Category: Writing Guides

Why Adverbs Can Be Bad

June 17, 2021 by ProofreadingPal in Writing Guides

Problems with Jargon and More When Writing for General Audiences

May 28, 2021 by ProofreadingPal in Writing Guides

Writing on a specialized topic for nonspecialists can be a challenge for writers of all ages, and writers often face the task of writing to an audience outside their field. In today’s post I’ll offer some tips to help you write clearly and usefully for a broader audience even if your topic is very narrow.

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Common Errors When Using Names

April 27, 2021 by ProofreadingPal in Writing Guides

For readability and clarity and out of respect for those referred to, it is important to be aware of how to use names grammatically and in accordance with proper style and social norms. In today’s post, I will review some common errors in using names and how to correct them.

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Guide to Transitions: Sentences

April 17, 2021 by ProofreadingPal in Writing Guides

Last time, we talked about transitioning from topic to topic, which means from paragraph to paragraph. This time, let’s talk about the “micro-transitions” that occur inside the paragraph, sometimes from sentence to sentence and sometimes inside sentences.

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Quick Guide to Transitions: Paragraphs

March 27, 2021 by ProofreadingPal in Writing Guides

Transitions are essential to making sense in a proposition or argument, so it’s little wonder that writers tend to get wordy with them. Transitions hold the entire proposal together, keeping your essay/report/letter/memo/dissertation from just sounding like a lot of unrelated ideas.

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Are You a Better Writer than a Fifth Grader?

December 3, 2020 by ProofreadingPal in Writing Guides

After freelance proofreading, editing, and writing and doing small-group literacy and math intervention for the past nine years, I find teaching ten-year-olds reading and writing this year a fascinating, eye-opening, and challenging experience. Reflecting on lessons I’ve learned teaching kids to write this fall, I realized that what my students struggle with is what writers of all ages struggle with, just at a different level.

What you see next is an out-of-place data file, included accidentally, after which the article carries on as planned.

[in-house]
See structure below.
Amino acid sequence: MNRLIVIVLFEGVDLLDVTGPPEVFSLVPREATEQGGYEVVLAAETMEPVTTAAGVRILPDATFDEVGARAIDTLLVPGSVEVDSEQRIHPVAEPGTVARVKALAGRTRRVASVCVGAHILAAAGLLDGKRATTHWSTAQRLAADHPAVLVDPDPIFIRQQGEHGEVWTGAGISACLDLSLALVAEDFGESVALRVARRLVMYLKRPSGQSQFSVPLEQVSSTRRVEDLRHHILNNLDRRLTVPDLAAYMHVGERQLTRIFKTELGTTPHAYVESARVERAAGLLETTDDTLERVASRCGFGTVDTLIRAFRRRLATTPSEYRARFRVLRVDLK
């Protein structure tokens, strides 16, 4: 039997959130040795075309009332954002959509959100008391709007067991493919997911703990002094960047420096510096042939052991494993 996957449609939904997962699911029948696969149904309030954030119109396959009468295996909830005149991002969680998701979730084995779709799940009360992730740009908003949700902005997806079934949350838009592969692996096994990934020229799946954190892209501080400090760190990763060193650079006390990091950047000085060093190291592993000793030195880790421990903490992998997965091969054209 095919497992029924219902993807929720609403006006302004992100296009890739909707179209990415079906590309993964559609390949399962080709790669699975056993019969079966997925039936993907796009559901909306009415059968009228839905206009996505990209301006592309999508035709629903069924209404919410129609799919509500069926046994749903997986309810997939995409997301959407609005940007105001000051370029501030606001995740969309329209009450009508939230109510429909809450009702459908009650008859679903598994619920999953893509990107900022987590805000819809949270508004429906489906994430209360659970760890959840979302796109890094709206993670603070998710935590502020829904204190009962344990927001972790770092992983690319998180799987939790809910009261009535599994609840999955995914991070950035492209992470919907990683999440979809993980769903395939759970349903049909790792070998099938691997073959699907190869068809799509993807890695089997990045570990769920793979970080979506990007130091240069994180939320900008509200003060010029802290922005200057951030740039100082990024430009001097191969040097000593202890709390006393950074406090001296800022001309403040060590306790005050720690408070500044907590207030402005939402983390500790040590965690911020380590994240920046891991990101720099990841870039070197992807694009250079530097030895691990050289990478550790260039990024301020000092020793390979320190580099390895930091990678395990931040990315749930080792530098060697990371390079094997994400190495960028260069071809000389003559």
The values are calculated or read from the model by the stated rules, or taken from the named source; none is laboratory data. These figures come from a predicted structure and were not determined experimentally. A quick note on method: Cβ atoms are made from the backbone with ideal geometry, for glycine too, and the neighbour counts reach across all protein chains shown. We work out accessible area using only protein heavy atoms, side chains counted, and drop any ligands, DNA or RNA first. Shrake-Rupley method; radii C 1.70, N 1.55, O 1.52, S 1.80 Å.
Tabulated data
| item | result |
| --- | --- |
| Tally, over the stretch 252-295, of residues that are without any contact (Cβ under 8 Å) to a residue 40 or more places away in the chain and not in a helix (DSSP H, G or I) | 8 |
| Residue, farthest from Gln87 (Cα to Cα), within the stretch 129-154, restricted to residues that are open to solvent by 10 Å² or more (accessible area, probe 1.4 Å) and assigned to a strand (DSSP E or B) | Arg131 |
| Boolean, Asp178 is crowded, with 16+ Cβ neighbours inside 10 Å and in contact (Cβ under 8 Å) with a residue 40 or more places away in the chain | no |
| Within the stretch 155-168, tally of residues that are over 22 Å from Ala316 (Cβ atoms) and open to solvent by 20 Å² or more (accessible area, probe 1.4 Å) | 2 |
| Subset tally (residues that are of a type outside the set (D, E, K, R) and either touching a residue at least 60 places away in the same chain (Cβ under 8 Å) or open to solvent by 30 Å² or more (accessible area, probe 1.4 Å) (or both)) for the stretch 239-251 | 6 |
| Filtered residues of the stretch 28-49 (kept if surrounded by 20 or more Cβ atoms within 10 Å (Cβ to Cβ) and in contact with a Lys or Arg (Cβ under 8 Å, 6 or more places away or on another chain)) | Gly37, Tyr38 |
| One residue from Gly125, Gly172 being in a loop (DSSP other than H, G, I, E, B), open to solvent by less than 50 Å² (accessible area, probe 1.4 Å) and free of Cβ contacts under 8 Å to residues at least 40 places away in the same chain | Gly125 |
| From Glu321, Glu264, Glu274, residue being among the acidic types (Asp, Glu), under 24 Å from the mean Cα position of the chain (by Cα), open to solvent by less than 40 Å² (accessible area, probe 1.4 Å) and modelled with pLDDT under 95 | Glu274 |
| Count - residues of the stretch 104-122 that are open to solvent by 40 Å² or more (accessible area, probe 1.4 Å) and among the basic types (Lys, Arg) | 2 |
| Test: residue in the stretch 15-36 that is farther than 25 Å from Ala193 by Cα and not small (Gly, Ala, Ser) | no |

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“Was Done by the Researcher” Must Die

October 23, 2020 by ProofreadingPal in Writing Guides

Tips to Help Children Write Better

August 29, 2020 by ProofreadingPal in Writing Guides

With school having started already some places and about to start in others, many parents and caregivers are faced with the challenge of needing to be more actively involved in their children’s education than ever.

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Implicit Racism in Writing

July 1, 2020 by ProofreadingPal in Writing Guides

Implicit racism is woven into the fabric of American society. It plays a part in everything, including writing. Writers may try to be inclusive and unbiased, but it can be hard to weed out bias without taking time to deeply examine language’s and culture’s meanings, bias, and oneself.

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5 Reasons Assembly Instructions Fall Apart

March 31, 2020 by ProofreadingPal in Writing Guides

If you find yourself in the unlucky position of writing a manual or set of instructions for how to assemble something from a bunch of other things, the following should help you understand and overcome your challenges in telling people what to do step by step.

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Write an Effective Blog Post